While some instructional designers are fortunate to work for companies with robust budgets, many are not so blessed. Industry expert Jane Bozarth recently interviewed several L&D practitioners about the challenges they face when working within tight budgetary constraints.
“Working on a small budget, at least initially, isn’t always a bad thing,” Bozarth writes in a Guild Research report titled eLearning on a Shoestring. “Those who choose to see it as an opportunity will likely find that the challenge helps them become more resourceful, supports development of business acumen, and leads them to better focus on strategizing and negotiating desired outcomes.”
Here, from the report, are six useful tips for designing on a budget.
1. Don’t let anything go to waste
Tracy Parish works as an instructional designer, developer, and LMS administrator at a large hospital near Toronto. She must deliver a stream of training materials for a large and diverse audience. She requires a wide assortment of health-related images in order to do her job, but lacks access to licensed audio or photos, and does not have a graphic designer to create visual assets for her. When she finds a free or inexpensive image that she can use, she recommends making the most of it.
“When I’m looking at an image I’m not just thinking, ‘OK, here’s a nurse beside a patient in a bed,’ but seeing what else is in that image. What’s on the wall? What’s in the room? Maybe I can crop this down to get just the image of that IV pole. Maybe there are five things in that photo that I can use,” she says.
2. Embrace your inner photographer
If you need graphic images but cannot afford to buy them, take matters into your own hands. Today’s cellphones, tablets, and even laptops tend to have excellent built-in cameras. Even if you are not an expert photographer, you can probably get shots that will be decent enough for many eLearning projects. To avoid any potential legal snafus, don’t include peoples’ faces and use a photo editing tool to blur identifying logos or signage.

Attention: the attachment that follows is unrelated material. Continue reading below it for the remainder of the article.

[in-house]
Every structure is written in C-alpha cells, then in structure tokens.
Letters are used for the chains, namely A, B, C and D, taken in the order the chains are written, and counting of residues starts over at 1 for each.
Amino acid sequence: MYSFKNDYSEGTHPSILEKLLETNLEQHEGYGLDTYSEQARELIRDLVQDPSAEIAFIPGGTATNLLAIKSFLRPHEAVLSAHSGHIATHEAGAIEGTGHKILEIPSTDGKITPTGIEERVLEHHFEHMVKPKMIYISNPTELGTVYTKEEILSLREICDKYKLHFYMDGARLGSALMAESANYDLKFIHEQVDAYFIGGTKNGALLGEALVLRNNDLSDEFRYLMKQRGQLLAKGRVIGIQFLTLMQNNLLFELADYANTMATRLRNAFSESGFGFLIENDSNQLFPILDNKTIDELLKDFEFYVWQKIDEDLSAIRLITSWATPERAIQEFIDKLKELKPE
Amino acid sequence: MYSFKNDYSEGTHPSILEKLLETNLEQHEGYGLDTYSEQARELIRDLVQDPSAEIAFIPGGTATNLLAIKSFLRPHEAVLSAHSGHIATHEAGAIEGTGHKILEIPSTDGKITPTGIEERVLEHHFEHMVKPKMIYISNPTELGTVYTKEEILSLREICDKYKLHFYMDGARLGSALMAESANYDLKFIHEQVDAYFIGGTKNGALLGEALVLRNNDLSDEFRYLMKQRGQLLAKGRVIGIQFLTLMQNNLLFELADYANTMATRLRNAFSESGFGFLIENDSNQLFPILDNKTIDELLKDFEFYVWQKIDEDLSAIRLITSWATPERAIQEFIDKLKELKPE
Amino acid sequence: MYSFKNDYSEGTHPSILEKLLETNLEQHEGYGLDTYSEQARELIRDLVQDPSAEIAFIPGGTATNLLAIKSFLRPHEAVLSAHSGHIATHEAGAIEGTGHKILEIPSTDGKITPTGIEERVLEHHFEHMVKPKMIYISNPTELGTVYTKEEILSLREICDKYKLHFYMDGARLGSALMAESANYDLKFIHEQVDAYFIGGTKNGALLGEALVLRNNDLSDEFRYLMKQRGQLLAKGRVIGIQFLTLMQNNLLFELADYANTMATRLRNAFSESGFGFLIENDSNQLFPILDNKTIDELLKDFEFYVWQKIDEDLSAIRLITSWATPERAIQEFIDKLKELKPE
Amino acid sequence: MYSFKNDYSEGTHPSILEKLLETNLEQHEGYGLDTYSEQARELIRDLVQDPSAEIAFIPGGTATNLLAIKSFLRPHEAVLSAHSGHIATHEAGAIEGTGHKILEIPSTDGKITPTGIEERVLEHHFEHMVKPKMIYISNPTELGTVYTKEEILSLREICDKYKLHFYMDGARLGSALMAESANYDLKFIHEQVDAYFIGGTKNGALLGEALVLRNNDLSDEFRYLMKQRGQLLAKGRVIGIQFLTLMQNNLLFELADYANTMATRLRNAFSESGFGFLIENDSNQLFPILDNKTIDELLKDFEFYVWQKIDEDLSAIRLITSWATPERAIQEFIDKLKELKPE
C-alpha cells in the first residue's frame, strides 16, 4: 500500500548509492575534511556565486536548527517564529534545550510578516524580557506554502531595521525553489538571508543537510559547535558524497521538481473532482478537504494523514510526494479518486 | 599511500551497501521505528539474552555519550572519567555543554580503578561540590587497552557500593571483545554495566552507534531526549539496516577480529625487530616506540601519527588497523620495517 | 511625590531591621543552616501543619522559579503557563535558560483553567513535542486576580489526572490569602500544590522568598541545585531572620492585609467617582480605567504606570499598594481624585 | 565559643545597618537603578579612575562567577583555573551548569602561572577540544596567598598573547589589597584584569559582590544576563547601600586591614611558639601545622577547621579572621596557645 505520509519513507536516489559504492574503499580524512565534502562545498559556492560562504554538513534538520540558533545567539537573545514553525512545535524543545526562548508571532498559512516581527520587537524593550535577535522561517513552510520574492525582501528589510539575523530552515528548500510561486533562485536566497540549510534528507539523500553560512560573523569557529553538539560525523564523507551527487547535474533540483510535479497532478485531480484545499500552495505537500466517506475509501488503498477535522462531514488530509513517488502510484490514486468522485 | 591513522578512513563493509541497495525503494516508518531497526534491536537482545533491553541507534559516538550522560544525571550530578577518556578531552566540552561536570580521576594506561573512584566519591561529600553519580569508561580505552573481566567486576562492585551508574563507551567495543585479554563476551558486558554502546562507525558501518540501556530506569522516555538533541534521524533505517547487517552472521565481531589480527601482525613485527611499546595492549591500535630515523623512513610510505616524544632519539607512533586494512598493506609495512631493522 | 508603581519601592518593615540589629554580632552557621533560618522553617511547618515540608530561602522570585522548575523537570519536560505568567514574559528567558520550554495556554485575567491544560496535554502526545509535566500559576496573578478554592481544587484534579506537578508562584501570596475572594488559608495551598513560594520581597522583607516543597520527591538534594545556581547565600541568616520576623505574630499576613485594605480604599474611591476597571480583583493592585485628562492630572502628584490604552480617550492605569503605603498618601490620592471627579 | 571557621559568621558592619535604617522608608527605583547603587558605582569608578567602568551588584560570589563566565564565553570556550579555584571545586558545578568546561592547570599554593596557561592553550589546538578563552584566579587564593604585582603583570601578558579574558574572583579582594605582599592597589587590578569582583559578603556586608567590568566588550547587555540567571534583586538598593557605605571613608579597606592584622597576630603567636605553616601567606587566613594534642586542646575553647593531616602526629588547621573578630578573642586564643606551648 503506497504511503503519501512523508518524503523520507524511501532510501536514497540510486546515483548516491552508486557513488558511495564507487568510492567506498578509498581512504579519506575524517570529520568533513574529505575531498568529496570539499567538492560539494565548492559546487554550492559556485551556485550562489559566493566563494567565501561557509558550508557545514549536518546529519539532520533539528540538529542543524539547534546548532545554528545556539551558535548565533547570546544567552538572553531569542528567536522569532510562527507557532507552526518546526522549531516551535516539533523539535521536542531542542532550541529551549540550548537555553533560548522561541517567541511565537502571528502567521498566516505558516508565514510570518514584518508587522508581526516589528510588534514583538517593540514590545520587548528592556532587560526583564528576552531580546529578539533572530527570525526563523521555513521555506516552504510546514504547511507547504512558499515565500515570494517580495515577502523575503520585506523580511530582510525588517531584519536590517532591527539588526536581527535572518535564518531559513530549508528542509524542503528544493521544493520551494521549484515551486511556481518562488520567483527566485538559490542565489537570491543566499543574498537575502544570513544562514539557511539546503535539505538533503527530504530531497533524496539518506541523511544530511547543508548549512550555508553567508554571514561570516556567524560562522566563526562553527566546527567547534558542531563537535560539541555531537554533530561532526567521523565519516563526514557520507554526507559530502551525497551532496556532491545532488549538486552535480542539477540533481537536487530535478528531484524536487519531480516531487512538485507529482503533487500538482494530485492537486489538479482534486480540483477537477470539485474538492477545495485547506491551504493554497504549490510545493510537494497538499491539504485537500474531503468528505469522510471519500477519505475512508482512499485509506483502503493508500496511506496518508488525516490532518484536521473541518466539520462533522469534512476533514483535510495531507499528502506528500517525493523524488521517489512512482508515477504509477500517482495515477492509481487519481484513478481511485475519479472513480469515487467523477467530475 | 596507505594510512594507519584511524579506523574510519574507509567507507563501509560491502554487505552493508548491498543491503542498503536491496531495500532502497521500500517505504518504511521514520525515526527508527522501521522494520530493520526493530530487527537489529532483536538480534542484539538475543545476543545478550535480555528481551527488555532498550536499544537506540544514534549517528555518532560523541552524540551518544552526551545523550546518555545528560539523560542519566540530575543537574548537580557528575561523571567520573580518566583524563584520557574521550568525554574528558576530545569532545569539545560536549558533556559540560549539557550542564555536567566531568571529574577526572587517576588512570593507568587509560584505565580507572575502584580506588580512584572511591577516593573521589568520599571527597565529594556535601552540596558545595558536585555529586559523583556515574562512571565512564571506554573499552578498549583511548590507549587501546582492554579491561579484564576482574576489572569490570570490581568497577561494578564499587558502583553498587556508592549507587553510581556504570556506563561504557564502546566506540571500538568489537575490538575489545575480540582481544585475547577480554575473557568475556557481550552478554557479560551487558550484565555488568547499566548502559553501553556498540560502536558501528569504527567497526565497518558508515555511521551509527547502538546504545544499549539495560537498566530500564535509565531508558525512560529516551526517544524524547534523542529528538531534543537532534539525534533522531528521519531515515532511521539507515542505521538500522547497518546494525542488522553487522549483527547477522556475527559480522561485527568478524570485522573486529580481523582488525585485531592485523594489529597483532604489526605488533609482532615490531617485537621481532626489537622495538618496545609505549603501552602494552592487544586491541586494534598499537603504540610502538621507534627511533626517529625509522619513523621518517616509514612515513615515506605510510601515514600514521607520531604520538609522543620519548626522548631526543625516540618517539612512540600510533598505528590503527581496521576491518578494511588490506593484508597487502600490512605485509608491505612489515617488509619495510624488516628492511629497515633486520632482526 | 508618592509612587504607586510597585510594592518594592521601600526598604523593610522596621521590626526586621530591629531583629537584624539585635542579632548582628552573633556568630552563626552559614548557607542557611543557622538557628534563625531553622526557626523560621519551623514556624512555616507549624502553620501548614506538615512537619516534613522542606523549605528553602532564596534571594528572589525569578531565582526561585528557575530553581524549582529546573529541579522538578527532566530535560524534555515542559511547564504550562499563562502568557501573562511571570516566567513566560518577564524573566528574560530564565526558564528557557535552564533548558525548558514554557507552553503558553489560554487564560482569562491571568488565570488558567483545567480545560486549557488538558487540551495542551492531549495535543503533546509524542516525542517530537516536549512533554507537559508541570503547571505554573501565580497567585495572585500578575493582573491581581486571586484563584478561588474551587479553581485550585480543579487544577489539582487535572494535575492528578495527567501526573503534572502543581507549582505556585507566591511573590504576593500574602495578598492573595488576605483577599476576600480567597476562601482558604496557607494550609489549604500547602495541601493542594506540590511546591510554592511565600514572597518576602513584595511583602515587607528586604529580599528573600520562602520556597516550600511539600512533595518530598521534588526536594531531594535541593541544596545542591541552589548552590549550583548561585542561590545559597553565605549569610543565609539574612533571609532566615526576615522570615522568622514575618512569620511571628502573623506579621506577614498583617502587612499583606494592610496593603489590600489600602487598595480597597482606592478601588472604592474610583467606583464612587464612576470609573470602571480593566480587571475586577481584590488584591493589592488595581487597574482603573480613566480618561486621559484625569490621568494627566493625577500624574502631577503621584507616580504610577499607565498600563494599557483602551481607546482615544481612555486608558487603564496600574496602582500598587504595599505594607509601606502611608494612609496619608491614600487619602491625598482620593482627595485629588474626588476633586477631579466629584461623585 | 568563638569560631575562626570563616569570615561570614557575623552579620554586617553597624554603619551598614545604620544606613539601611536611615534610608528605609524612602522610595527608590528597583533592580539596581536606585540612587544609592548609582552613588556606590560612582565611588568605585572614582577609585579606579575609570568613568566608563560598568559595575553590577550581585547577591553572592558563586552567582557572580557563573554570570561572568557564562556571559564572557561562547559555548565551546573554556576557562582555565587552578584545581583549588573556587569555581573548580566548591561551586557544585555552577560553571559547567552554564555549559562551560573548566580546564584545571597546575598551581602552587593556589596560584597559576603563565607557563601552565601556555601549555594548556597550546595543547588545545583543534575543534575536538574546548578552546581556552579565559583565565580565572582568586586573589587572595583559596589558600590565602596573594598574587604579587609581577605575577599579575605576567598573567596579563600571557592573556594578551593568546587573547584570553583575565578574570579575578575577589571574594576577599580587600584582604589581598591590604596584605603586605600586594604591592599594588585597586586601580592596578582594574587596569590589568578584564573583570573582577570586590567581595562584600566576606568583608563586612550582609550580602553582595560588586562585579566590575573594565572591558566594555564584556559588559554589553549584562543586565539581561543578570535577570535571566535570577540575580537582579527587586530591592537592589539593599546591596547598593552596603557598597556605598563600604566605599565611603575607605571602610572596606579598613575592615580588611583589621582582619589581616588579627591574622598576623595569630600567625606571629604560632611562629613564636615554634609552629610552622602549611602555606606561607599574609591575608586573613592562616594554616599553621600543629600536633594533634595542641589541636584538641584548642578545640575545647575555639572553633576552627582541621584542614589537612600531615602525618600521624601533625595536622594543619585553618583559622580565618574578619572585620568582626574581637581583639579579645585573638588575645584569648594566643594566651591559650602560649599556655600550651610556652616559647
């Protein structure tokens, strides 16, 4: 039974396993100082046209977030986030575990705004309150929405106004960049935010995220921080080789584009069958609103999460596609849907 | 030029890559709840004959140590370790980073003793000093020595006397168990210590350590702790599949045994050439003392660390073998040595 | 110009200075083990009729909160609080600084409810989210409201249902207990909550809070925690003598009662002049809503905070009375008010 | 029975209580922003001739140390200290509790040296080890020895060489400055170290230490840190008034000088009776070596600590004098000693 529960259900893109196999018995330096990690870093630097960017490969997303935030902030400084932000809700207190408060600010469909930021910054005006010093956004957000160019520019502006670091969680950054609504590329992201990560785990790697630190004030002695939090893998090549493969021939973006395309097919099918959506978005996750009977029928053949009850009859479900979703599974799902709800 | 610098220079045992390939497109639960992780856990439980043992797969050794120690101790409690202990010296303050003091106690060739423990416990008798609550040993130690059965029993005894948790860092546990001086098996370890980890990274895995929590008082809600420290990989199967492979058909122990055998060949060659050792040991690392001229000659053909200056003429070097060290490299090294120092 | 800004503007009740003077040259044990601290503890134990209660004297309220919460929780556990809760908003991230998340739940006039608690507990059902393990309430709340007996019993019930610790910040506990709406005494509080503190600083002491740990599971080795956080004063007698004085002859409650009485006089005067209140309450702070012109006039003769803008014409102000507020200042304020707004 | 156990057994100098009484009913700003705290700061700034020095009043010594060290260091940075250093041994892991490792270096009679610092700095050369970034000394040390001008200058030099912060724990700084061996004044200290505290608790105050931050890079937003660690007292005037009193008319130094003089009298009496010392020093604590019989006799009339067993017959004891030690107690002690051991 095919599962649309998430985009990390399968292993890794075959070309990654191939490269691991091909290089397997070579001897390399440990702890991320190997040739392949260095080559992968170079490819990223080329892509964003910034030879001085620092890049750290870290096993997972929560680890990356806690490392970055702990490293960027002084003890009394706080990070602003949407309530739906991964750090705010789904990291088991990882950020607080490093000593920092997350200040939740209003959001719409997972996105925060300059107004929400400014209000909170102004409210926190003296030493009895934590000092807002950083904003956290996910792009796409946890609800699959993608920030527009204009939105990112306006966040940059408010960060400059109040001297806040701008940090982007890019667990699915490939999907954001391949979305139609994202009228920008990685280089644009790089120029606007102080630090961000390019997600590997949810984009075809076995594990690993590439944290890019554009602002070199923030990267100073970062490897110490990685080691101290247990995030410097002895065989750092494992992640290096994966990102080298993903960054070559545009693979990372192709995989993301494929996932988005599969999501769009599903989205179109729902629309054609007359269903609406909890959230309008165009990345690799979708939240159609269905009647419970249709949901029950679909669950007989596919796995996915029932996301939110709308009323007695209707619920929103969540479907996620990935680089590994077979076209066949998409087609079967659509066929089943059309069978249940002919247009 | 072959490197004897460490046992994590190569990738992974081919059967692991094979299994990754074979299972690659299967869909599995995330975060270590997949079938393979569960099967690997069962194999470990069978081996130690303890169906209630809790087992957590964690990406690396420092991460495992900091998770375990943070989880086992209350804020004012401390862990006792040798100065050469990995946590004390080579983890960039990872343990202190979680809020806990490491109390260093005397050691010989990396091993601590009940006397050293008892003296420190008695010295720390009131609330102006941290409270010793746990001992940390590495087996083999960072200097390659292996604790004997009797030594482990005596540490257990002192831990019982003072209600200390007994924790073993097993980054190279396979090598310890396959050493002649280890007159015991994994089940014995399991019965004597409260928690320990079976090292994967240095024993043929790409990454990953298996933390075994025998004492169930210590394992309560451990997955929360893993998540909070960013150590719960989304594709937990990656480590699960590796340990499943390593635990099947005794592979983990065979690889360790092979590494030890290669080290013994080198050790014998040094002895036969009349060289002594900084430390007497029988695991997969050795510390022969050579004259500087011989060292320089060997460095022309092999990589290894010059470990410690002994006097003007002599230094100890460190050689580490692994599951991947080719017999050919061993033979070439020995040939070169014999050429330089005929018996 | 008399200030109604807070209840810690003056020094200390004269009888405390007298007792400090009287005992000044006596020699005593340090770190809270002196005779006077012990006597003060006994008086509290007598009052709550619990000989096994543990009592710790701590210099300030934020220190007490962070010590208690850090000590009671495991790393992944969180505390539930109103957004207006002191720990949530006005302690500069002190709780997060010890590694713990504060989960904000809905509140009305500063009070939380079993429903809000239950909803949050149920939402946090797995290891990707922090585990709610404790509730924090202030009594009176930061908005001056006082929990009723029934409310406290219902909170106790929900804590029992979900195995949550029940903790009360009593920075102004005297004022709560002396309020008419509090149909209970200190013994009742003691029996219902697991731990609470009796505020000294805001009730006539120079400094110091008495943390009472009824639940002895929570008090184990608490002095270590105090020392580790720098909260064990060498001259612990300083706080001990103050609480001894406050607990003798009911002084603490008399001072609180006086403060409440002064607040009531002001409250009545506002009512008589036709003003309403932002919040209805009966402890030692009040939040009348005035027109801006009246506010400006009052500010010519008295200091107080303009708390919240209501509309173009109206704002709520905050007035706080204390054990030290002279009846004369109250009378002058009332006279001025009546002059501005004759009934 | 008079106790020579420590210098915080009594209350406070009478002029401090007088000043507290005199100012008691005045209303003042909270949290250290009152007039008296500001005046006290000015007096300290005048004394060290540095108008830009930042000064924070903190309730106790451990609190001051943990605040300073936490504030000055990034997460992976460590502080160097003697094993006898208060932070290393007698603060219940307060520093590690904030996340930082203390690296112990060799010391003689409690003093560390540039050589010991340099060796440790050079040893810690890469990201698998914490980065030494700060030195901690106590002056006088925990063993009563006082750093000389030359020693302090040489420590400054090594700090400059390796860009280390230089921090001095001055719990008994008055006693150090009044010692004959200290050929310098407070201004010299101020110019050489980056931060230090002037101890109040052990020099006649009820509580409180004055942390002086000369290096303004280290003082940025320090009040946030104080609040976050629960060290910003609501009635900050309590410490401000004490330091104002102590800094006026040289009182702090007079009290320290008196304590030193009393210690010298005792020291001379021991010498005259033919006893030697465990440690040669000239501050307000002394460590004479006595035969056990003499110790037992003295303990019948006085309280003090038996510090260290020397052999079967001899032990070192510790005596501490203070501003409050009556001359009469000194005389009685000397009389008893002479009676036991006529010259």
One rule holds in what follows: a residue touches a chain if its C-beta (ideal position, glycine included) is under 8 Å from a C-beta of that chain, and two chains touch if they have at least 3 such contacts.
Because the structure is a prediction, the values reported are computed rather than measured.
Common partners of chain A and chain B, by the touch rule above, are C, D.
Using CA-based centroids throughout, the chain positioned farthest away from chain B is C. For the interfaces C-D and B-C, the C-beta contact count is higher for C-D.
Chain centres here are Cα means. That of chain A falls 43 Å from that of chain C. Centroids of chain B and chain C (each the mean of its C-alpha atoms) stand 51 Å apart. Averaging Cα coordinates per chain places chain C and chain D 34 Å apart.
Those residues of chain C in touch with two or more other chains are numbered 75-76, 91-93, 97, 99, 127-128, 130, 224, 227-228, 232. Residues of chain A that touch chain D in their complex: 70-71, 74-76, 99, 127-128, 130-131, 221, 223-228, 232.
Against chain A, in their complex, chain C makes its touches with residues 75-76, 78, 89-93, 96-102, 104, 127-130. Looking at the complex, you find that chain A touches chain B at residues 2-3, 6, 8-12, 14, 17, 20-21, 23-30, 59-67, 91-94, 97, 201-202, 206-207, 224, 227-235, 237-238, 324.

3: Mix and match programs
Many smaller organizations cannot justify the cost of a fancy authoring package. If you are an eLearning designer stuck in this predicament, mix and match low-cost products to get the results you desire.
For example: One can successfully create an instructional course in a program such as PowerPoint, which isn’t free but is often a standard installation on many workplace systems. Bianca Woods, an instructional technologist who is now a senior programming manager with The eLearning Guild, applauds the versatility of the program. She notes that she often leveraged the tool in a previous position as an L&D team member at a global bank. PowerPoint boasts many features that allow designers to create videos, animations, and other visual effects that can make their courses more engaging. Woods points out that work can be saved as a PDF file and uploaded, without anyone even knowing about its PowerPoint origins.
4: Take advantage of introductory offers
Many authoring programs and graphic tools offer introductory subscriptions that allow users to sample their products for a month, or sometimes more. Parish knows some designers working on shoestring budgets that will save up all their audio or visual work, and then sign up for introductory trials that allow them to make the modifications they need on certain projects, without shelling out big money for subscription licenses.
One caveat: You can lose access to your files when the term of the trial subscription ends. If you have no intention of purchasing a license for the program, make sure to convert or save your project while you still have the opportunity to do so.
5: Leverage tutorials
Keeping one’s skills up to date in today’s fast-moving economy is crucial, yet continuing education can be costly. Some organizations will pay for their L&D team to pursue supplementary training, while others do not offer support for such expenditures. Instructional designers working for firms in the latter category must find alternative solutions.
Tutorials and podcasts are a low-cost way to acquire knowledge and brush up on skills. Search YouTube for useful or relevant videos. Find podcasts on iTunes or through apps such as Overcast, PodcastOne or Podcastrepublic. Many will suggest podcasts based upon your interests and listening history.